Your brand is part of the identity of your business. It includes not just the visual styling of your business materials and products, but the way your business communicates, the values associated with Read more



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Your brand is part of the identity of your business. It includes not just the visual styling of your business materials and products, but the way your business communicates, the values associated with you and your promises to customers. The best brands are aesthetically pleasing, consistent with the business culture, in line with customer attitudes and highly recognisable. Every business builds its brand in a unique way using their own symbolism, colour palette and key messages.

What is branding?

Examples of branding are all around us, but the concept is broad and encapsulates both the active decisions a business makes in differentiating and identifying itself, as well as the reputation and the conversation that grow around the business. When people say they are determining their brand, they often mean only:

  • A name
  • A logo
  • An aesthetic style or visual identity
  • A voice (or consistent communication style)
  • An offer to potential customers (sometimes conceptualised as a point of difference or unique selling proposition)

In the broader sense, branding consists of all the tangible and intangible elements which create an identity that customers can form a relationship with. This doesn't just mean the sign which is in front of your office or the logo on your business card, it also means the quality of the chairs in your meeting room, how your staff dresses, their phone manner, how promptly you pay your bills and how you treat employees – the list goes on. Every interaction a potential or existing customer has with your business helps to shape their image of your product or service – if they relate to your brand, believe in your goals and like your product, they will spread the word far and wide. But beware, if you are trying to build a respectable brand, you can undo years of hard work with a single offensive tweet or careless oversight.

What questions will help me create and grow my brand?

  • Who are my main audience and what do they like? What role am I offering to play in their lives?
  • How do we want to be seen and how can we represent ourselves and act in accordance with that perception?
  • What does my business do? Can I represent this with visual elements?
  • How am I different to the competition? How can I communicate this in the smallest number of words?
  • Do I have a distinctive name which is appropriate for my business?
  • What aesthetic is most appropriate for my business, audience and price point?
  • What unique words or phrases could I associate with my brand?
  • Does any part of my business currently undermine the perceptions I am trying to create?

What are the biggest branding pitfalls for new businesses and small businesses?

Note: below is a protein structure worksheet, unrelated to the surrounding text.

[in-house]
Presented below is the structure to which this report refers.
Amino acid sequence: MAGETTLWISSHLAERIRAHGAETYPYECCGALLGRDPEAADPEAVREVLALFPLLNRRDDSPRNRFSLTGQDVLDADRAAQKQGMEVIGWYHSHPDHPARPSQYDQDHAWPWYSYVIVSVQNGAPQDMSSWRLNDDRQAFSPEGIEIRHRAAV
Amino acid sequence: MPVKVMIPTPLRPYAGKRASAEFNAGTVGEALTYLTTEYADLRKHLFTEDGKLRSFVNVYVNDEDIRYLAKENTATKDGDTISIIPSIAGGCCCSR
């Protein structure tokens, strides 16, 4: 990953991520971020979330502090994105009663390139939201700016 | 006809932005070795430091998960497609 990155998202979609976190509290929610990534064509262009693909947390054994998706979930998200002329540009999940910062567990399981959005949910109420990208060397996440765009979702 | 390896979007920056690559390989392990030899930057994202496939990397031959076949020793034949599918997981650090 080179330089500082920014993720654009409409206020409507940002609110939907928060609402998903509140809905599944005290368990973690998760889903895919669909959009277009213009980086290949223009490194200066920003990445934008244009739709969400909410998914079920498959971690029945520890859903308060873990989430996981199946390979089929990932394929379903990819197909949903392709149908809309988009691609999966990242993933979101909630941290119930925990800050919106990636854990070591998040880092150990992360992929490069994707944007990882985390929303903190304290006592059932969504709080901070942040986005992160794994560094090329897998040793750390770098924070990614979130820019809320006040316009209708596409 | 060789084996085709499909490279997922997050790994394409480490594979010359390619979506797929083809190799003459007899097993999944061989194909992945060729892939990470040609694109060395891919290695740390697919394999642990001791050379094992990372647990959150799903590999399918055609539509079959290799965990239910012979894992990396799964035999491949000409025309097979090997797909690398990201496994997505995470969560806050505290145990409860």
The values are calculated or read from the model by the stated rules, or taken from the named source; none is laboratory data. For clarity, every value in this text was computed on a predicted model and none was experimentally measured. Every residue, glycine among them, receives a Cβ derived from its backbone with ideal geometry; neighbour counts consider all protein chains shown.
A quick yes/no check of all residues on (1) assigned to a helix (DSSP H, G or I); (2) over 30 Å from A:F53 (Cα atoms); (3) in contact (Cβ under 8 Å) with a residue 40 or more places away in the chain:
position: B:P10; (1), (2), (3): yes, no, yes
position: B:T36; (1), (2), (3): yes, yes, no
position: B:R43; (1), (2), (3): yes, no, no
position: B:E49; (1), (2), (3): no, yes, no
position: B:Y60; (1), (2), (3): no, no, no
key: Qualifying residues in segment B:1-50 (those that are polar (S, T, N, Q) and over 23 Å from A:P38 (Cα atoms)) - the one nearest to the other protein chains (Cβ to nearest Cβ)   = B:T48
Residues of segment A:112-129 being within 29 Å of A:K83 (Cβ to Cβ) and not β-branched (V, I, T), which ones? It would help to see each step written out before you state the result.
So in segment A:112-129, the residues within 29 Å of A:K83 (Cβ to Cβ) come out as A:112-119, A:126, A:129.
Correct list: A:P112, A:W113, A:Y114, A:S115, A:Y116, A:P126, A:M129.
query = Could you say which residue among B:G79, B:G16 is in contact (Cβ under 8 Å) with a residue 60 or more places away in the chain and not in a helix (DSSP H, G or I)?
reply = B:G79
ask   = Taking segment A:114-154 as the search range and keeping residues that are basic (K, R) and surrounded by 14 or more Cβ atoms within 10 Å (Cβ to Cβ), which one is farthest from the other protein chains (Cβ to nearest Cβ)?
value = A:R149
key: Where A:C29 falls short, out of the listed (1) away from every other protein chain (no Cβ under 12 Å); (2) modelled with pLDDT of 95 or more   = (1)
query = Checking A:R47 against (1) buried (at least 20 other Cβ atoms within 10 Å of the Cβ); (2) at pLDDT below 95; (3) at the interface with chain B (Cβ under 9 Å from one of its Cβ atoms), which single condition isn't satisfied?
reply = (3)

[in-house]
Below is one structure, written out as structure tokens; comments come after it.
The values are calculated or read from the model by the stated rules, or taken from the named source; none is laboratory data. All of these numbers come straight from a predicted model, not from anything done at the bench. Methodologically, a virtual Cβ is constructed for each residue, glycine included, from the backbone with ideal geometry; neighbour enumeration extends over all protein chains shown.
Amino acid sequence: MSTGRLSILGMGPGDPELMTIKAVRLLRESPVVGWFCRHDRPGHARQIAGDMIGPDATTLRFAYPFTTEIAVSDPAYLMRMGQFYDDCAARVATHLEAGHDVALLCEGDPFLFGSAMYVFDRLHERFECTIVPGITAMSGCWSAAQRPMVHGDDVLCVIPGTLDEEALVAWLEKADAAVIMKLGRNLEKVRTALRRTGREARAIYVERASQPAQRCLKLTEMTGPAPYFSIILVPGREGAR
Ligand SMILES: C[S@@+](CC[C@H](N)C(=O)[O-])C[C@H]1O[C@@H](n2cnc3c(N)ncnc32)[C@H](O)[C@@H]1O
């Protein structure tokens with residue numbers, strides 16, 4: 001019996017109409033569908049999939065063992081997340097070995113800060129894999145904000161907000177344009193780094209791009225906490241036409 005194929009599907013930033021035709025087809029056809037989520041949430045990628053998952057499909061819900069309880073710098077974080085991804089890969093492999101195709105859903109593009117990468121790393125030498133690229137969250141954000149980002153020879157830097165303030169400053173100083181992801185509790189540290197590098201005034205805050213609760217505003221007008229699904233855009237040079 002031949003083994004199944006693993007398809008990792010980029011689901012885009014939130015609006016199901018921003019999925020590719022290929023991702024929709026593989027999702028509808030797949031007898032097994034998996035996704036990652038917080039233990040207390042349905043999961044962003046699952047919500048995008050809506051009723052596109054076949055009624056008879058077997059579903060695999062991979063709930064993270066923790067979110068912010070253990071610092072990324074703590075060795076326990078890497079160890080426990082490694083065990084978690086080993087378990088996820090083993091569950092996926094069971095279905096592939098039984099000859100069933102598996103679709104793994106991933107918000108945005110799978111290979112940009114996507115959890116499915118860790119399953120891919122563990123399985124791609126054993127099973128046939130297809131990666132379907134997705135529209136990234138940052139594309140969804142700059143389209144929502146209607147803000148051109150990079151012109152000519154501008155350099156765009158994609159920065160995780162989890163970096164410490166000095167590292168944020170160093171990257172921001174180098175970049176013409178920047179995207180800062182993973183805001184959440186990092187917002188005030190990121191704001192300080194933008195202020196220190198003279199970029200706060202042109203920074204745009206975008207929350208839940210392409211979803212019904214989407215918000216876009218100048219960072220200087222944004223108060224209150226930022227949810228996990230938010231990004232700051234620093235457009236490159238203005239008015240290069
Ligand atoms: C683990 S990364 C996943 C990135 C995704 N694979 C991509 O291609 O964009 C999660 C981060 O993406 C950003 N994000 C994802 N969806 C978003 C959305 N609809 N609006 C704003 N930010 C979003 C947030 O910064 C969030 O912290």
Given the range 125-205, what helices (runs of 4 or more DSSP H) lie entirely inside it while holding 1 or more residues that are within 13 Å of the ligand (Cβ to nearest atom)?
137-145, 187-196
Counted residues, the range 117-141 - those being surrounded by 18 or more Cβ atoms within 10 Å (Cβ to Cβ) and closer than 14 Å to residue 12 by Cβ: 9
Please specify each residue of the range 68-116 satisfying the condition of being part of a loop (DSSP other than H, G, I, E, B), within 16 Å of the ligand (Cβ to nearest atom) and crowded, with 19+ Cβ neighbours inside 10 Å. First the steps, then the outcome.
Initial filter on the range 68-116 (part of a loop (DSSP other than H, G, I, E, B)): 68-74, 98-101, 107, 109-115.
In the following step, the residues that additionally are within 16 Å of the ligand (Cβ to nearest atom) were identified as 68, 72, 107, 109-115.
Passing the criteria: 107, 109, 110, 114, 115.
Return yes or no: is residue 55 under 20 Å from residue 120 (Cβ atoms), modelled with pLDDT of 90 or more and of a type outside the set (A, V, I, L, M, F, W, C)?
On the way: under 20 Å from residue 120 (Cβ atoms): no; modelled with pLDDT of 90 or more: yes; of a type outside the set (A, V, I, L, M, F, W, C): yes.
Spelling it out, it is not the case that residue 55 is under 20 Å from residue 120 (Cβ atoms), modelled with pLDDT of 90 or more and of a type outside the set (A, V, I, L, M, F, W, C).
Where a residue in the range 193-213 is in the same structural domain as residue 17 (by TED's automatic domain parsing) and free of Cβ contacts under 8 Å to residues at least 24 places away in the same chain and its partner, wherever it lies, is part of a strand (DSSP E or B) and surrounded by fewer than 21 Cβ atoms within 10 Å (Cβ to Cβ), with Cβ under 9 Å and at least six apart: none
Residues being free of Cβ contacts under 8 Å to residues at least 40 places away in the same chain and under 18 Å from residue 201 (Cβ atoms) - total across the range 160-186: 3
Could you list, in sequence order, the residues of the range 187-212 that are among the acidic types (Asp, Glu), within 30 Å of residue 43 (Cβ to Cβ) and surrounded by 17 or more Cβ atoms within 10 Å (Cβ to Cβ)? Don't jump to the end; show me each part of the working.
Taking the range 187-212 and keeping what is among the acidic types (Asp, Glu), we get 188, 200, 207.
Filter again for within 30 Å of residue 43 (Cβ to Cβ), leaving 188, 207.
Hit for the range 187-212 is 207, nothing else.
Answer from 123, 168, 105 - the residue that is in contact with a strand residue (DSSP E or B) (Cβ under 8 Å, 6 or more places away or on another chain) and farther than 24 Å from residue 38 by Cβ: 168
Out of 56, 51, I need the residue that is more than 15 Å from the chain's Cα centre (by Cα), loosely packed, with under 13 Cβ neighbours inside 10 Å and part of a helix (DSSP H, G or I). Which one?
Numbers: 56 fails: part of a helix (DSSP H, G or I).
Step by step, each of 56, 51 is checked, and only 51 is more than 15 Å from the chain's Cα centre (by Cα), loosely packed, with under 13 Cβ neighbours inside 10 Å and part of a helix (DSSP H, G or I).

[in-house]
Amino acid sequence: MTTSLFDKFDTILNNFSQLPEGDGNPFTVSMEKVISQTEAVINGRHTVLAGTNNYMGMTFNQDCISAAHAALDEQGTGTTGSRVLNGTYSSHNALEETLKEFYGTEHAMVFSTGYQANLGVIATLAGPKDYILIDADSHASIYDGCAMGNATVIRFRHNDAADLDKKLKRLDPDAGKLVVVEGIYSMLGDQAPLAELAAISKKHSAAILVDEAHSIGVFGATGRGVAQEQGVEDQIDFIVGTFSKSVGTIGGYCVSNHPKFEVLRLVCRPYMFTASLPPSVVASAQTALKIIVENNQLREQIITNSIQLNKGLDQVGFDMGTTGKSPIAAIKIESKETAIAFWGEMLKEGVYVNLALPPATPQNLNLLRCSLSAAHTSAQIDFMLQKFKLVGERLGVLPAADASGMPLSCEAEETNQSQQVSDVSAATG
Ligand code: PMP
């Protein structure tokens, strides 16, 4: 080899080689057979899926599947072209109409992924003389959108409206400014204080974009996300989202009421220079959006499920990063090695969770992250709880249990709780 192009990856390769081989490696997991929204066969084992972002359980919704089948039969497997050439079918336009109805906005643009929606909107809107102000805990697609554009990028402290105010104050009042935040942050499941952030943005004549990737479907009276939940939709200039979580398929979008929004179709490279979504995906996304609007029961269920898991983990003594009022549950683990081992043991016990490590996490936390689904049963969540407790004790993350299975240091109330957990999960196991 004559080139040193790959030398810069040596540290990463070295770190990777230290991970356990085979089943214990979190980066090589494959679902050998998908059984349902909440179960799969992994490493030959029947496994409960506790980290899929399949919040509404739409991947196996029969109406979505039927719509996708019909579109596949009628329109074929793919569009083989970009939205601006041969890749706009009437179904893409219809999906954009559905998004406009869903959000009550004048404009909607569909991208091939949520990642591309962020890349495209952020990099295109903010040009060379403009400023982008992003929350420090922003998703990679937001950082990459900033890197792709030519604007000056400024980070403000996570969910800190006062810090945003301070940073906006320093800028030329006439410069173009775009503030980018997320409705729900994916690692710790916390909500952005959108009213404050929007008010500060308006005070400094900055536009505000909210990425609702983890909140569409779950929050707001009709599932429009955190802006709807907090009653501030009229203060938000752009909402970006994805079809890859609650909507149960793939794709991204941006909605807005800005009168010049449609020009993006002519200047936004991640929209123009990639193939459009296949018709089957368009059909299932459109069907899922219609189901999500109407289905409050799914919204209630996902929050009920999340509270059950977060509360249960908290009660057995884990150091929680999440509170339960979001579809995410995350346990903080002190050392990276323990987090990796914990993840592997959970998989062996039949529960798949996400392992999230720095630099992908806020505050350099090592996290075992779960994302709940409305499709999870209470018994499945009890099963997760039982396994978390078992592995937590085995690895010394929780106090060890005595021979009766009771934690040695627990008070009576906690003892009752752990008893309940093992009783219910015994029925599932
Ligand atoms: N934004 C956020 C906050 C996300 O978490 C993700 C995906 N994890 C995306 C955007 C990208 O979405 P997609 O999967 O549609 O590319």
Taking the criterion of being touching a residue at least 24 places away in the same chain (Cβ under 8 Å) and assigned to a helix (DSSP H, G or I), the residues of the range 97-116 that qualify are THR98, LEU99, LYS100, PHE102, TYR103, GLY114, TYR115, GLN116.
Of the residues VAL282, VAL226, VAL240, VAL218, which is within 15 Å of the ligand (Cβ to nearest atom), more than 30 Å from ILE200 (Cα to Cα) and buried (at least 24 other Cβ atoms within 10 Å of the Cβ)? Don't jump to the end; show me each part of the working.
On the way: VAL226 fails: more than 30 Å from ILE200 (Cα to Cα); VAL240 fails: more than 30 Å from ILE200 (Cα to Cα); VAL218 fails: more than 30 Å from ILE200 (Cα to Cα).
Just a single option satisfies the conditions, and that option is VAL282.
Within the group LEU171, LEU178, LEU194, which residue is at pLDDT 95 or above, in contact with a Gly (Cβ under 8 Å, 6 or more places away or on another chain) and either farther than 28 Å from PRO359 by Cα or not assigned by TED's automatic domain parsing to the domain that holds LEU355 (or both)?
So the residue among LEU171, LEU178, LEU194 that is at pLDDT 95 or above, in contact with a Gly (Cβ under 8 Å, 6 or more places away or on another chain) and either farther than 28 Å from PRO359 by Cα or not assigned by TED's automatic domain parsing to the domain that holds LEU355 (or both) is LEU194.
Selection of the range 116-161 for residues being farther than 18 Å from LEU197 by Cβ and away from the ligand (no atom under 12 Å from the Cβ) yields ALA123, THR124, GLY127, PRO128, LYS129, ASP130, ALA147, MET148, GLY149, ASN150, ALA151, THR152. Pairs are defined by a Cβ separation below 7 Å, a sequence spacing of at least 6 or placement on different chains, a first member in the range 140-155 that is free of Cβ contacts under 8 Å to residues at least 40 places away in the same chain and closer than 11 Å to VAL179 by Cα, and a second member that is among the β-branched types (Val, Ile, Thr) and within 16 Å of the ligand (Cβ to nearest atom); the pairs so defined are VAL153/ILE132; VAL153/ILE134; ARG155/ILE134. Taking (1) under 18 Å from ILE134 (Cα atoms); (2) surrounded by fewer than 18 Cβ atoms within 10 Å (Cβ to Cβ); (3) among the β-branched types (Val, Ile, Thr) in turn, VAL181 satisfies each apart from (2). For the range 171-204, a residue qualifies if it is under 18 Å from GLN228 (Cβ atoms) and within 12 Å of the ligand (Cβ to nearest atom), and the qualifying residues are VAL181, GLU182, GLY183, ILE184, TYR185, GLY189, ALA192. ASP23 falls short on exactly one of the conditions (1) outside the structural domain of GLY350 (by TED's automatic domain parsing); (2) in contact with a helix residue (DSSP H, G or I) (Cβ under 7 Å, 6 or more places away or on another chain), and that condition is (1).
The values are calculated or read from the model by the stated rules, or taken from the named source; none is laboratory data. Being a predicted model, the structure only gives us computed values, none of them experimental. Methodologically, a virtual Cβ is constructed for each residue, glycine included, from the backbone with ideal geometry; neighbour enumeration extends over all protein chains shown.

The biggest 2 mistakes are the easiest to make, especially on your first business:

  • Spending too much
  • Spending too little

Depending on your industry, your marketplace and your current business position, your branding will have very different demands. Some new businesses invest in a comprehensive suite of branding materials when a simple logo, a DIY website and a business card would have sufficed, wasting valuable capital that could have gone towards purchasing stock, investing in equipment or running advertisements. Long term, branding is absolutely vital to the success of your business, but in the early stages of a new venture (especially an untested one) the priority should be on establishing cash-flow through customer acquisition and investing in assets that build the capacity of the business. If the budget is available, having a top-of-the-line brand on day one is a great advantage when it comes to getting people through the door, but if your services and products don't measure up you are inviting negative reviews.

On the other hand, many new businesses start with the bare minimum to keep costs down, and then fail to update, expand and improve their materials as their business grows. The result is an established business which continues to trade with insufficient or amateur branding materials, sending a message to their customers and competitors alike that they either lack resources, lack knowledge or simply don't care about the presentation of the business – perceptions that are guaranteed to carry over into the perception of your products and services.

Other branding pitfalls include:

  • Trying to be everything to everyone
  • Failing to clearly communicate your business purpose
  • Being too clever at the cost of clarity
  • Making decisions based on personal taste alone (without regard for the target audience or business purpose)
  • Being inconsistent or changing the brand too frequently
  • Copying an existing brand (which can be an intellectual property infringement)